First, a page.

But as we go up and up in price, the pool of potential customers willing to shell out that kind of money for this "game" gets thinner and thinner.

If we model the probability of a machine getting purchased in a given hour as inversely proportional to its price, then my expected earnings per hour approach a constant, while the price to stay in the game (by buying a new machine anytime one of mine gets bought) continues growing exponentially.

$$\begin{align} E_\text{player} &= p (0.8 \times 0.05 v + v) + (1-p)a\\ &= 1.04 p v + a - p a\\ &= 1.04 \frac {p^*} v v + a - \frac {p^*} v a\\ &= 1.04 p^* + a - \frac {p^* a} v \end{align}$$

So there will always come a point where this bounded earning rate drops below what the player can be earning through alternative investments. So they stop buying new machines, cash out their treasure, and put that money into an investment that scales with their investment instead.

That leaves you with a pool of machines that are no longer trading hands (so you make no new profit), and an obligation to continue paying their hourly treasure earnings indefinitely.

So neither the endless exponential growth nor perpetual payment obligation are sustainable.

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The problem with this ponzi scheme (not calling it a game, because it is a ponzi scheme) is that the payout to the members from "digging treasures" is financed by new members joining the scheme and putting in money. As with every ponzi scheme, this is sustainable as long as there are new members, but becomes unsustainable as soon as no members join anymore. And in this particular scheme, that point is actually hardcoded into this system, because the number of available digging machines is finite.

Digging machines already in the scheme get more expensive by forceful buying, but not more useful. Which means their expected return of investment will go down over time. That makes them less attractive the more often they change hands.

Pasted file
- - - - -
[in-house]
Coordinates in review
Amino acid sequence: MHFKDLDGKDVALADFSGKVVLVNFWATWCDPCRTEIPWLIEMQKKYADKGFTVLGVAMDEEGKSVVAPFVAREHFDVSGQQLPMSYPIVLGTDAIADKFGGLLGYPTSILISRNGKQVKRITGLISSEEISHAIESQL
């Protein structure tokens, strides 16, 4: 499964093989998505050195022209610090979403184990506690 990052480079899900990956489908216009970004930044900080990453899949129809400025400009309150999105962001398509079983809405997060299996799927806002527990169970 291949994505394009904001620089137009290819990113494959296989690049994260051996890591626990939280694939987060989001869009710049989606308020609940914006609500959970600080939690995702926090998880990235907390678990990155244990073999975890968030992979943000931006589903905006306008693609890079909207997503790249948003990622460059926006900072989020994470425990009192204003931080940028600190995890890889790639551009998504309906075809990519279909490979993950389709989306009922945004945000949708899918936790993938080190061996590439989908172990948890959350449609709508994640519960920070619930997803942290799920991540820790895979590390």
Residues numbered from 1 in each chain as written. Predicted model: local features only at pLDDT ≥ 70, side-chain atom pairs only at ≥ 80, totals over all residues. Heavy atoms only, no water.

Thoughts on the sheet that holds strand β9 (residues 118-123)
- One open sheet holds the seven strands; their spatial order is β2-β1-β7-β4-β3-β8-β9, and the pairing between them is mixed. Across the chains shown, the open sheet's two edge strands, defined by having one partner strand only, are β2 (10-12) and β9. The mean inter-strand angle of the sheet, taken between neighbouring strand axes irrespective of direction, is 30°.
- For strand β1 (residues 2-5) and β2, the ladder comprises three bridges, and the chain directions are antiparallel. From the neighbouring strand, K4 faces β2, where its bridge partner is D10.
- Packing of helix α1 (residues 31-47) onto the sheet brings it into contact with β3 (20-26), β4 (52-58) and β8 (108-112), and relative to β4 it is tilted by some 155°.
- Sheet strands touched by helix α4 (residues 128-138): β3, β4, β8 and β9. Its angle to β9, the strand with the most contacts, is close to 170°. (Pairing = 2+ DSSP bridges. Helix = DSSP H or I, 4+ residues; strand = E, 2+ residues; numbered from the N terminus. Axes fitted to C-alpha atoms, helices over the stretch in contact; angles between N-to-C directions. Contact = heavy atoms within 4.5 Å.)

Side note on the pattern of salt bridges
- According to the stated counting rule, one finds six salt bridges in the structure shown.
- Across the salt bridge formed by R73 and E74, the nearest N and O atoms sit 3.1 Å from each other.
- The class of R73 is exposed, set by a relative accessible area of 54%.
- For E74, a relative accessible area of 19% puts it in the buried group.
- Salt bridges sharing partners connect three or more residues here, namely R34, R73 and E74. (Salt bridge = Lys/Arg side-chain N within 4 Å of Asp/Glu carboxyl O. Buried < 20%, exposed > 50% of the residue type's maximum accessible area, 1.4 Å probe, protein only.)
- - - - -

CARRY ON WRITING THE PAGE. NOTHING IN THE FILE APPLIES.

When the digging machines are no longer reasonably priced, they will stick with their current owners. At that point all the digging machines will keep accumulating cash prices for their current owners, but there won't be any stream of new cash to finance those cash prices. The price pool will dry up, and a lot of people who invested a lot of money into the scheme will get very angry.

At which point the developer might want to take what money they earned and leave to some exotic country which doesn't extradite them or seize their bank accounts.

But how can we extend the time until that happens? By occasionally adding new digging machines over the running time of the scheme for new members to buy. That way the scheme stays able to attract new and old members willing to put in more cash. It will stay sustainable as long as there is a target demographic to get new members from, or the existing demographic can be convinced that throwing in more money will benefit them in the long run (it doesn't, because as is in the nature with ponzi schemes, it can't pay out more money than it takes). This will increase the time it will take for the scheme to collapse.

Another option to save this scheme from collapse would be to not finance the cash prices from what the players put into the game, but rather use the system to distribute a cash flow from an entirely different source of income.

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  • \$\begingroup\$ Thanks for the elaboration. One distinction though: the game is not necessarily sustainable because of new members (although they do help). The game gets an injection of money every time there is a theft event. A closed system, with conceivably lots of theft events, may actually be sustainable too? That is what I wanted to model and find out. \$\endgroup\$ Mar 28 at 15:51
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    \$\begingroup\$ Here Philipp is using "new members" as a shorthand for "new investment" - you require players to keep buying more and more at escalating costs, whether those are new players buying their first machine, or existing players buying replacement/additional machines. That's still within the definition of a ponzi scheme that Philipp describes. \$\endgroup\$
    – DMGregory
    Mar 28 at 15:57
  • \$\begingroup\$ @DMGregory: thanks for clarifying. \$\endgroup\$ Mar 28 at 16:37
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    \$\begingroup\$ @HassanBaig The ponzi scheme will collapse as soon as the cheapest digger gets more expensive than the most gullible member is able and/or willing to pay. \$\endgroup\$
    – Philipp
    Mar 28 at 16:59
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    \$\begingroup\$ @HassanBaig The core issue here is that you are trying to create money from nothing. People will notice that this is a game where everyone is going to lose in the end except for the developer running the ponzi scheme. It's not even like a poker tournamet where people can be under the illusion that skill and luck will give them an edge over other players and let them take their money. The "game" is far too simple for that. \$\endgroup\$
    – Philipp
    Mar 28 at 17:04